Lighting the way at ports
Lighting is a key consideration when it comes to cutting pollution and saving power and cost at ports because energy consumption and costs can account for a large portion of a terminal’s operating expenses.
Although a challenge, upgrading lighting provides opportunities for a port to lower its carbon footprint and energy consumption by becoming greener and more efficient. As ably demonstrated by the experts in this article, it really is just about finding the right fit for each job.
No stranger to port lighting
UK based Abacus Lighting is no stranger to LED port lighting. It offers a robust, high-performance and cost-effective range of anti-glare lighting for global ports no matter what their climatic conditions.
Abacus recently installed a 30m base-hinged mast at the Port of Cardiff which replaces floodlights on a lattice tower system, which are historically difficult to maintain both in terms of downtime and with regards to the risk to personnel working at such heights.
The base-hinged system allows for quicker and safer installation and maintenance, while reducing the time taken to carry out lengthy inspections on the mast when compared to a lattice tower.
This installation allows for a more efficient and greener performance too. To light the area, 12 powerful 300w Apollo LED lanterns are fitted to a mast in a 360 degree arrangement combined with an energy efficient lighting control system.
This allows for three of the lights to be left on continuously and the other nine to be turned off by a photocell when they are not needed, whereas the previous system had to be left on continuously. The reduction in energy usage and long term running costs have both decreased with the use of LED, in addition to the fact that the lighting system is now more controllable.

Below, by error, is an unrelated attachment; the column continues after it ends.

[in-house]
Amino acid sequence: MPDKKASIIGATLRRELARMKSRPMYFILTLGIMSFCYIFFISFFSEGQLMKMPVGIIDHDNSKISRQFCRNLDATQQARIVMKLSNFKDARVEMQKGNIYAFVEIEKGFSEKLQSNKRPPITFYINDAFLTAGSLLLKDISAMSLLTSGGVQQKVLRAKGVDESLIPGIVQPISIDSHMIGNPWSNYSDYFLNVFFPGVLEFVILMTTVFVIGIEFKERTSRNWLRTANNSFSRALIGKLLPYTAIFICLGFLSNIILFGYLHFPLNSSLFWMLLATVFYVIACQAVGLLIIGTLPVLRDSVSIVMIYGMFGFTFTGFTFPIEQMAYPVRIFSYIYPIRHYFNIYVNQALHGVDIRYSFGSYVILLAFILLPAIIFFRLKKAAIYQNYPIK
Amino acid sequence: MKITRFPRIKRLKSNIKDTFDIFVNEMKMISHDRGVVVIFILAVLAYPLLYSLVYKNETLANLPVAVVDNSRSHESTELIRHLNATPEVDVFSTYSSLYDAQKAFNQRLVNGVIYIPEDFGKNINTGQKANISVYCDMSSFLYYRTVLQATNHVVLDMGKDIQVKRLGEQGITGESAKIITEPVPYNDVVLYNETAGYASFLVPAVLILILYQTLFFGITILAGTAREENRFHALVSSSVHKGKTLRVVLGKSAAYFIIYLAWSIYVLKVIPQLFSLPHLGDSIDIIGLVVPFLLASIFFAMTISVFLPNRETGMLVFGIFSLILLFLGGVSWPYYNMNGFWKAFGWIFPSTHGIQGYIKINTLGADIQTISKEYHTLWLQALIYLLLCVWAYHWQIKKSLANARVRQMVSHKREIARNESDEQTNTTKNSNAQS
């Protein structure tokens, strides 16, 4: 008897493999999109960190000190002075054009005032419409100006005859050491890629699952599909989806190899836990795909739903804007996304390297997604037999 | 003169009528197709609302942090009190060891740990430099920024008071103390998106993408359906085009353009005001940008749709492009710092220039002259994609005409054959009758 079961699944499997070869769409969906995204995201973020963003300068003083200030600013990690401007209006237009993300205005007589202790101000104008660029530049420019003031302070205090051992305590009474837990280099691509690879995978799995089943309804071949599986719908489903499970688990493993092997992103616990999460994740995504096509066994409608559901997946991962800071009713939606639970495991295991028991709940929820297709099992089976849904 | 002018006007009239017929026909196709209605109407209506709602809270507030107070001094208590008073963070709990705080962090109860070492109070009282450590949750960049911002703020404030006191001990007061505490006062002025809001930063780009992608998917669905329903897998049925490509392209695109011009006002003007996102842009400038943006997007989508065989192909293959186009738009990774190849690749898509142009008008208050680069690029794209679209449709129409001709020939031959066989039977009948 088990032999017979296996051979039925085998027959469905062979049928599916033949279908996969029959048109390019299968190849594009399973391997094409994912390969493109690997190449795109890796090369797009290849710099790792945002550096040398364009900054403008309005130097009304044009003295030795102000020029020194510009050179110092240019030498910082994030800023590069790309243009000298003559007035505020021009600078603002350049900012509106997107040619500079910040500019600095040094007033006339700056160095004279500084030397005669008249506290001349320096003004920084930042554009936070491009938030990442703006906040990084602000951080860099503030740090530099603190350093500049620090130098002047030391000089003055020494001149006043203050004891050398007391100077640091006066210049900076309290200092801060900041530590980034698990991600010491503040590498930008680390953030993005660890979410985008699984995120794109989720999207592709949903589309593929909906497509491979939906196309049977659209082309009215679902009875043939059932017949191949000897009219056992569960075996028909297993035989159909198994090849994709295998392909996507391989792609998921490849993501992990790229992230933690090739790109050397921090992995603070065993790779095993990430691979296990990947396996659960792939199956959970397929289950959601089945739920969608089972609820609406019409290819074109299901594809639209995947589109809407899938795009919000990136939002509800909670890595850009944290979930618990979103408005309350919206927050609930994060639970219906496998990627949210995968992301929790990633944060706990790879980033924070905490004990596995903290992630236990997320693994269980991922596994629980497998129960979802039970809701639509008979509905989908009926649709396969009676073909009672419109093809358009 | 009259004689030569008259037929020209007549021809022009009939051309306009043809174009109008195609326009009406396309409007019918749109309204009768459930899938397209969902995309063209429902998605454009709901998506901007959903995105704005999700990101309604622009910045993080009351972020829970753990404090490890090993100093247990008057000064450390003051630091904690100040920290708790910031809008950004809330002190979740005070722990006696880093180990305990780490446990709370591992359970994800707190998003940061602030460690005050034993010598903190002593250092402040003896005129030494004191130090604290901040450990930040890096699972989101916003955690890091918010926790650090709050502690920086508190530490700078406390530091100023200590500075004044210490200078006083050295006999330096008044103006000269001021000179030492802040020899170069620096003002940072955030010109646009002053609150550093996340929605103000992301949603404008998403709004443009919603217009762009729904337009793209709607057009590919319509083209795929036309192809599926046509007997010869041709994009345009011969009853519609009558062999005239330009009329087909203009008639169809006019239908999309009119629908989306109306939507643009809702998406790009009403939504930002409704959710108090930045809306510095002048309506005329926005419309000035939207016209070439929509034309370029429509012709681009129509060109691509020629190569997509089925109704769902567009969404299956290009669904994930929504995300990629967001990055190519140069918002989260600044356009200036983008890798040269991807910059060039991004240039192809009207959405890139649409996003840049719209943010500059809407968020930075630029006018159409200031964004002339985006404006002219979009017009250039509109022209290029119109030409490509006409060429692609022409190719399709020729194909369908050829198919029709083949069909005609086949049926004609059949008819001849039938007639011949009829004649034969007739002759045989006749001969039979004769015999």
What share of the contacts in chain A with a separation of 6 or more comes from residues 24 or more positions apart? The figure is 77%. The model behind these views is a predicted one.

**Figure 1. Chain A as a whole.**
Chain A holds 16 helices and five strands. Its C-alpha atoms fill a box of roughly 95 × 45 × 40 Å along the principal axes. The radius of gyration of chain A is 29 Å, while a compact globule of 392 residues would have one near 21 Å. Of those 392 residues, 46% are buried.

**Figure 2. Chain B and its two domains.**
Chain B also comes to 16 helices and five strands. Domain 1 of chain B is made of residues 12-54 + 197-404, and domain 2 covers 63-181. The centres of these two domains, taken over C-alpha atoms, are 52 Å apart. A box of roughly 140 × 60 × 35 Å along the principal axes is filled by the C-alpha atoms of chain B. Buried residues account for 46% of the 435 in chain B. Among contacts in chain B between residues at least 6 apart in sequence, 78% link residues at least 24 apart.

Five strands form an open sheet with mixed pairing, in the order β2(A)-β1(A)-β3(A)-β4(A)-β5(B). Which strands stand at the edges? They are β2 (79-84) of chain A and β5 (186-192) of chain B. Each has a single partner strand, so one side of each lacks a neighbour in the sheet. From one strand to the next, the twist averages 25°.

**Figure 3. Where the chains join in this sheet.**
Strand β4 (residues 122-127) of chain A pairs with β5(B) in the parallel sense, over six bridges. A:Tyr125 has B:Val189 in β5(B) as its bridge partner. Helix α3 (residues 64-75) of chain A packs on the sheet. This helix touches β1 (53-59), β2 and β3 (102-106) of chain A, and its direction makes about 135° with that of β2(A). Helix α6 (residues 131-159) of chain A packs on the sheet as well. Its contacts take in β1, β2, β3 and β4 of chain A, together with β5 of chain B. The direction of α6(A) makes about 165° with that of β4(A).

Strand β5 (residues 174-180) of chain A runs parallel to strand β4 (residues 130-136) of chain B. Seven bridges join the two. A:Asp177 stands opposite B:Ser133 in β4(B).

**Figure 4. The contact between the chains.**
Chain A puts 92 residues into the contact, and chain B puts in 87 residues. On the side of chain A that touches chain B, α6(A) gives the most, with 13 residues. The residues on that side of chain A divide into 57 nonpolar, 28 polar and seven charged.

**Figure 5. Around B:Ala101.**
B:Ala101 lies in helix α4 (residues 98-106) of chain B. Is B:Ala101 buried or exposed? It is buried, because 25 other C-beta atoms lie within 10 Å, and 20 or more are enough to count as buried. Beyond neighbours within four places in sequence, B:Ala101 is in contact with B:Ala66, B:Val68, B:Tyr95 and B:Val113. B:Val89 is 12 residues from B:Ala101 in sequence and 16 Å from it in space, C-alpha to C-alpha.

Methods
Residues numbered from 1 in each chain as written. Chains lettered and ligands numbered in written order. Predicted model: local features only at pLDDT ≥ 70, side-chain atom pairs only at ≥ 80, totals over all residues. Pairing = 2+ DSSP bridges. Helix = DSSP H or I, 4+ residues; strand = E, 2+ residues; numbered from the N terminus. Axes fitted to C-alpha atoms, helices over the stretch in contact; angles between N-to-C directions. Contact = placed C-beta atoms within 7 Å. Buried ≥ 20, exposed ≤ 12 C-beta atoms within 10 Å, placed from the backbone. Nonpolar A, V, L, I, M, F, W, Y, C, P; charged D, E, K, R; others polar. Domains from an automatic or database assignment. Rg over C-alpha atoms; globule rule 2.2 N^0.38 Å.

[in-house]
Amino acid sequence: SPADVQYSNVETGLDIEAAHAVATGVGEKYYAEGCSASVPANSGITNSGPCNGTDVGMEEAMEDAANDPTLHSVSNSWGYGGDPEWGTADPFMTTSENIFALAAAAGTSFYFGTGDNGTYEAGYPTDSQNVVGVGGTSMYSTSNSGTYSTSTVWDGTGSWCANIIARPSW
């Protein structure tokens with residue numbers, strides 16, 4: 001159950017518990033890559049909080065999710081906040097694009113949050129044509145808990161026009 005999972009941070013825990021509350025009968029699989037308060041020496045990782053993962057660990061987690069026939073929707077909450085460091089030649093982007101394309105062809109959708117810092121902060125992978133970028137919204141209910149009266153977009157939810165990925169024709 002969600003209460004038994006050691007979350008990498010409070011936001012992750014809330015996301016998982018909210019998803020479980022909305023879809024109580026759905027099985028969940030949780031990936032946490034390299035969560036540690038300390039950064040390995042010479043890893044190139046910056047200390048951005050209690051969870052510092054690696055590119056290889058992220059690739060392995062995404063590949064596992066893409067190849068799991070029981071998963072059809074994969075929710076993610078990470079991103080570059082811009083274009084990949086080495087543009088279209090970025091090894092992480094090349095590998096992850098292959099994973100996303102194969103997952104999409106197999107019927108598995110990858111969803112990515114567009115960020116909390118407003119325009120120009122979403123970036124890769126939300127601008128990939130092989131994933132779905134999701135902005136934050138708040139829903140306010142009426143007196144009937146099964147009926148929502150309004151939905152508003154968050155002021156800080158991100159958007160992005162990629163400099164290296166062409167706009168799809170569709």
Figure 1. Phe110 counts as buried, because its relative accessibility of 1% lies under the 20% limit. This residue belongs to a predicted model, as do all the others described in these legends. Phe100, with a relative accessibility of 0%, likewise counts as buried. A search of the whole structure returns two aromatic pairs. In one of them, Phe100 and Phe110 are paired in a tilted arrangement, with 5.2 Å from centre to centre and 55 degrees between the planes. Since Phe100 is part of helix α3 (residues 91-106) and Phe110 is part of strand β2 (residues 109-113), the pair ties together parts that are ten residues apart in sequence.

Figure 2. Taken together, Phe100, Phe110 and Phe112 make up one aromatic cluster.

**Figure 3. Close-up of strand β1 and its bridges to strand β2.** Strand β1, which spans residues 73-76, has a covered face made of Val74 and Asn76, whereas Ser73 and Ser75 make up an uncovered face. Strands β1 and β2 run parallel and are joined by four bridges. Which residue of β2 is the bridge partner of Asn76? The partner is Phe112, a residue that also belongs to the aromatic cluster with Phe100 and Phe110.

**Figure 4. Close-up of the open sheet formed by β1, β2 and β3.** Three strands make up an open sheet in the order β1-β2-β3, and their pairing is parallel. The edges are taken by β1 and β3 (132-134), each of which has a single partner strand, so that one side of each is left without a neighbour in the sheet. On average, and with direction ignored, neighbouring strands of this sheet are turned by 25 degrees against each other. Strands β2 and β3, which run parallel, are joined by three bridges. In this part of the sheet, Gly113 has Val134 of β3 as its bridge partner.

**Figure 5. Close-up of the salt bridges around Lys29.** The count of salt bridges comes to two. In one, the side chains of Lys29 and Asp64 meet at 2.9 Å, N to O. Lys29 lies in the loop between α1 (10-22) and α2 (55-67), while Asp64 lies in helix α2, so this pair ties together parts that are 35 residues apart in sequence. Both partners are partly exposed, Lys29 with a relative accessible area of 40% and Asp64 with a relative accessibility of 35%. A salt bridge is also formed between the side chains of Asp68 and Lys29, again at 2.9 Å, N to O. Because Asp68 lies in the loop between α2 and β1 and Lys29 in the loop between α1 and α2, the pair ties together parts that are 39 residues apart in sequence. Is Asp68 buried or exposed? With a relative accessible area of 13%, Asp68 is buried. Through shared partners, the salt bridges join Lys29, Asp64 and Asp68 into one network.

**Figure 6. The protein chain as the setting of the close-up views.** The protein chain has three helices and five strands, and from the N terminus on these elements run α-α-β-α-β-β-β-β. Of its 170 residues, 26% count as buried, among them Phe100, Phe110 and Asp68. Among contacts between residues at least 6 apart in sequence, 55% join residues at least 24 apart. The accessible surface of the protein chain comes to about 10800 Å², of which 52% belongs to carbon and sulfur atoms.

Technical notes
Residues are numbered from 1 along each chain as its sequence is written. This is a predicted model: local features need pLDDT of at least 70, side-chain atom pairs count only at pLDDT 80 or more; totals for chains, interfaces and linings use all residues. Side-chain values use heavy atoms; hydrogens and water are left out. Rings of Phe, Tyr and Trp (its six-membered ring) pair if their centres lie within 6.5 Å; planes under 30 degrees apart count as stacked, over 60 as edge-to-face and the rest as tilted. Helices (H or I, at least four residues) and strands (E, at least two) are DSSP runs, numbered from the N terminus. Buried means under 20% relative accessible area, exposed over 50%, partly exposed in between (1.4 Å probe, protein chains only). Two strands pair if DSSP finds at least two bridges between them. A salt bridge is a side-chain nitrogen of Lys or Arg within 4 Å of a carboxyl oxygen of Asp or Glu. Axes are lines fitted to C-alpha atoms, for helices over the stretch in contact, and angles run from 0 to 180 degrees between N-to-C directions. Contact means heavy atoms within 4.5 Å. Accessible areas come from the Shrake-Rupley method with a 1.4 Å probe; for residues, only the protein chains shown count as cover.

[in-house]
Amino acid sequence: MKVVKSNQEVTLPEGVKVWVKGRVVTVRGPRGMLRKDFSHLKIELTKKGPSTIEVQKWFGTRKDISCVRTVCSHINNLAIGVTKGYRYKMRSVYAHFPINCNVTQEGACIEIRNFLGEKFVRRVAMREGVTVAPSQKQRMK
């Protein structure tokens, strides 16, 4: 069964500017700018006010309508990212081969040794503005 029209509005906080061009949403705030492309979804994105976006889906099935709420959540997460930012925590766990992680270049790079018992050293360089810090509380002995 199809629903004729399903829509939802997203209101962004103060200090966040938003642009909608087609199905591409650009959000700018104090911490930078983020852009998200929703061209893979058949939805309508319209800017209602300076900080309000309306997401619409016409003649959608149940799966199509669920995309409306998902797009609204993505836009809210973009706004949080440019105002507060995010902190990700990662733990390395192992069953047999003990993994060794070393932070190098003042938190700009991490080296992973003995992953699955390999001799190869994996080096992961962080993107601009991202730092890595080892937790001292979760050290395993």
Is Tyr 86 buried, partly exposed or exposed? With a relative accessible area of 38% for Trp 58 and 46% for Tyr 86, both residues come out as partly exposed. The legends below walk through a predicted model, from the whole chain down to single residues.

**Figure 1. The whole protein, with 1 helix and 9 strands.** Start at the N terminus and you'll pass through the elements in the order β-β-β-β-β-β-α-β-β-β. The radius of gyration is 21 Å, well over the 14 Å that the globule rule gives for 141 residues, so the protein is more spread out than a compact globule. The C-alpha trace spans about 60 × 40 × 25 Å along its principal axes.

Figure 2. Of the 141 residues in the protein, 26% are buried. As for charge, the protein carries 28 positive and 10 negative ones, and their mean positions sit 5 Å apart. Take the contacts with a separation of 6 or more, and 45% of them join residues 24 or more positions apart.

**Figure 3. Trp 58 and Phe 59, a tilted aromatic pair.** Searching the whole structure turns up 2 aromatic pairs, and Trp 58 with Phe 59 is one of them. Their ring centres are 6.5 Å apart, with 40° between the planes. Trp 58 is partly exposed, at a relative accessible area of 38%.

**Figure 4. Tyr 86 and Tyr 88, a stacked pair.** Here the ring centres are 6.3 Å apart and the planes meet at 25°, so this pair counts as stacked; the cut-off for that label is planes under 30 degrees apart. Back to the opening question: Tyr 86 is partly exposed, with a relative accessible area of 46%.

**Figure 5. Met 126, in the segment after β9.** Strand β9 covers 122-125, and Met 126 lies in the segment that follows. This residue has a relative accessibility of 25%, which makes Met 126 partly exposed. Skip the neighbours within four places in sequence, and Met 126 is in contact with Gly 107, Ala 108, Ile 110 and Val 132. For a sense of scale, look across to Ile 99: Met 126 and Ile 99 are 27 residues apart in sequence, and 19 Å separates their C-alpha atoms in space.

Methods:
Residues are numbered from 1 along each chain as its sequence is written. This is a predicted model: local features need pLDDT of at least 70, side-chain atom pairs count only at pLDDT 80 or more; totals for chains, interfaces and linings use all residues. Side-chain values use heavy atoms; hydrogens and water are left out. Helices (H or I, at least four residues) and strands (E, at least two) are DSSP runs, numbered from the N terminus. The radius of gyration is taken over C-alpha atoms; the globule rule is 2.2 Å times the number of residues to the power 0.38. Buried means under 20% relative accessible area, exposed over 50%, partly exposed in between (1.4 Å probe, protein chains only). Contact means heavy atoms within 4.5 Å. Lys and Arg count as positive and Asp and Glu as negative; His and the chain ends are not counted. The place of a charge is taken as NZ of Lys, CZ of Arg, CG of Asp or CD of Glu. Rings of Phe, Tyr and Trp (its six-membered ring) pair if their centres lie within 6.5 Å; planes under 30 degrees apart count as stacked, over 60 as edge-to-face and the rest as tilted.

Abacus’s work at the Suez Canal Container Terminal (SCCT) meanwhile has included being responsible for the above ground lighting installation works over a four year period.
During this time, the firm completed four phases of installation for the mast and lighting solution including mast assembly, the fitting of control gear cabinets and the mounting and aiming of floodlights.
The terminal chose the Abacus GL800 raise and lower mast because the lighting needs to be in operation for 24 hours. The installation of a base-hinged raise and lower mast allows for safe and easy maintenance at ground level, minimising downtime and reducing the risk to personnel working at height.
Twenty of these 50m masts were installed across the terminal, each carrying 15 Rhea floodlights and CCTV equipment.
The Rhea floodlight has been used for many of Abacus’s port installations where conventional lighting has been the optimal choice. This lightweight 1kW HID conventional floodlight is manufactured with high pressure die cast aluminium and toughened front glass, meaning that it's suitable for harsh environments where the environment may cause corrosion to the lighting system.
The integral baffle of these fittings reduces upwards light output and limits glare for those working in the area, meeting port approval with strong emphasis on safety and the environment too.